Simplicity is the key
By 2017, the company needed to diversify its capital even more – and was eagerly eyeing the retail investor base. Importantly, Peet decided to issue its first debt capital markets deal under simple corporate bond documentation. “We already had a retail convertible bond on the market and we put a structure in place where you could convert one for the other. It opened up the retail market and made it easier to tap,” says Andrew Gordon, director, debt capital markets at NAB.
A simple corporate bond structure makes it easier for retail investors to access corporate bonds, which typically have been the domain of wholesale and institutional investors. (See below for more information on simple corporate bond structures). Peet was only the second issuer to issue under this regime and the first to tap.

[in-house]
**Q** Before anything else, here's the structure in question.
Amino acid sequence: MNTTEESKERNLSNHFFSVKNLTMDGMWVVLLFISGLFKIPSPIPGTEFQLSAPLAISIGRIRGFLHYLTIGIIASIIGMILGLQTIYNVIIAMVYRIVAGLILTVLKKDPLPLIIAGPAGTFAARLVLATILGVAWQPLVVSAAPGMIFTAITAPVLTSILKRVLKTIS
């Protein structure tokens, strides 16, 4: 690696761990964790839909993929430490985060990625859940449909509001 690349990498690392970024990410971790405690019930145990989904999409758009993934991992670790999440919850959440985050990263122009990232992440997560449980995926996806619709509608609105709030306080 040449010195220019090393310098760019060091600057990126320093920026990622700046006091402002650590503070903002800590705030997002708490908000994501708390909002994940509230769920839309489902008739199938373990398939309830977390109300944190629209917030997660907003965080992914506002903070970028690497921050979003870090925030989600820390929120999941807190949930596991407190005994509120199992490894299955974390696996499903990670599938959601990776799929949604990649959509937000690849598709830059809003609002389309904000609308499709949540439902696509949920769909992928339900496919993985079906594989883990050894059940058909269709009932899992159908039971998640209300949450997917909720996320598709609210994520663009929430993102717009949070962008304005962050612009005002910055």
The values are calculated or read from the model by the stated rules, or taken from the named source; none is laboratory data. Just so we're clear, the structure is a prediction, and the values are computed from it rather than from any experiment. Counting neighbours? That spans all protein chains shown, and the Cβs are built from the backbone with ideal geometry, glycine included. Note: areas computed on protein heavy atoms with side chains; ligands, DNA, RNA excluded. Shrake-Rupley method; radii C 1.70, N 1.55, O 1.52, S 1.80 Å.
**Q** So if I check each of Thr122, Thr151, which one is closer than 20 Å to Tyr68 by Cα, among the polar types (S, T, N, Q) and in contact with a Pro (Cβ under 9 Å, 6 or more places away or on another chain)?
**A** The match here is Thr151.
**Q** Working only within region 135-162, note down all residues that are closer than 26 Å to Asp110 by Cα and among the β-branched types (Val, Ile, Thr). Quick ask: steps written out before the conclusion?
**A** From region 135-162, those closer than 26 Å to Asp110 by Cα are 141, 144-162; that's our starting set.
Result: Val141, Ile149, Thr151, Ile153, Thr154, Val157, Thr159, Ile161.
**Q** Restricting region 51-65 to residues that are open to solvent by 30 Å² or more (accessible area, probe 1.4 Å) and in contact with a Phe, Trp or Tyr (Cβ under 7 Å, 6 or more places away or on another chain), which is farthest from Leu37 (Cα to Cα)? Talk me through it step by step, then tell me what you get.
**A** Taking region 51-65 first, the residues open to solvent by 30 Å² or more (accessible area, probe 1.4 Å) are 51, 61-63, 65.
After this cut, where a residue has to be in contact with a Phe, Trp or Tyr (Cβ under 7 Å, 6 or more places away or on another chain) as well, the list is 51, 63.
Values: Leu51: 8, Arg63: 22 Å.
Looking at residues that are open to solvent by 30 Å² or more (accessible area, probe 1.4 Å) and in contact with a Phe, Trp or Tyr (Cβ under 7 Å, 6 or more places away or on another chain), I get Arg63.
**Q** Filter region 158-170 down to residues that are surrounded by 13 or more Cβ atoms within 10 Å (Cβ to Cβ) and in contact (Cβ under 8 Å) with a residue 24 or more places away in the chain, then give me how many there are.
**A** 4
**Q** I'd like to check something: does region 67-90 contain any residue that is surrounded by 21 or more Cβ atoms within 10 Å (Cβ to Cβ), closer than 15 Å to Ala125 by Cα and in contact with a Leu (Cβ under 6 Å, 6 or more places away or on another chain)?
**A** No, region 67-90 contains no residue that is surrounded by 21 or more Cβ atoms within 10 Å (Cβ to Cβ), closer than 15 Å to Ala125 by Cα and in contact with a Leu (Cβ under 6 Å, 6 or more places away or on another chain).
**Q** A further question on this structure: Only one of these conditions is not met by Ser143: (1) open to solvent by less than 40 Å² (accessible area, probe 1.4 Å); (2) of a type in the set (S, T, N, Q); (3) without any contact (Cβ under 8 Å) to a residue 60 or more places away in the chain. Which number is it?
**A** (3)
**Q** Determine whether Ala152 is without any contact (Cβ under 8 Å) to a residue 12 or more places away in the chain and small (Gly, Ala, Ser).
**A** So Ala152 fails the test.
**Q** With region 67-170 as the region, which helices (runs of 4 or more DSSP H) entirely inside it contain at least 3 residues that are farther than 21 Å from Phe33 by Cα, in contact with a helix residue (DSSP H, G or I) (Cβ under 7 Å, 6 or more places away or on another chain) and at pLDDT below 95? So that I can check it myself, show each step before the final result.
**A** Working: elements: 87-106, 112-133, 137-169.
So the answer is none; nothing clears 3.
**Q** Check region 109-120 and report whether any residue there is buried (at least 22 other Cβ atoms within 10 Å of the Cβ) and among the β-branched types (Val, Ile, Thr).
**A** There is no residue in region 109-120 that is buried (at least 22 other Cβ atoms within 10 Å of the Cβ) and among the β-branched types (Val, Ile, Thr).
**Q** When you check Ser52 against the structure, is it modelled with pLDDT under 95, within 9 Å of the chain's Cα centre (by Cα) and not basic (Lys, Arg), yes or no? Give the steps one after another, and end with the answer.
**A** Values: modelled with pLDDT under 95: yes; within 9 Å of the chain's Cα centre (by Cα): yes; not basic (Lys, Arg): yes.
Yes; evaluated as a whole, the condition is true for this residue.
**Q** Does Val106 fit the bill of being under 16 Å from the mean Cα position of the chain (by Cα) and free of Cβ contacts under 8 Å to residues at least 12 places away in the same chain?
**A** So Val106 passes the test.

“The simple corporate bonds also allowed Peet to pay down their senior debt, which opened the door to finance some significant joint ventures, and gave the group more headroom to transact on the front end of their business,” explains Gordon.
The response to both the initial transaction and the $50 million tap was strong – the initial deal was launched at $75 million and upsized to $100 million and was oversubscribed by 1.4 times. “Investors liked the bonds because they provide a yield that’s effectively asset-backed by underlying land,” says Gore. “So even though it was unsecured, there was a significant amount of security that supported the bonds.”
Accessing the corporate bond market has been nothing short of transformational for the company: “It’s strengthened our balance sheet and given us a significant increase in the term of our debt, while opening up a new funding source for the company to keep growing,” says Gore.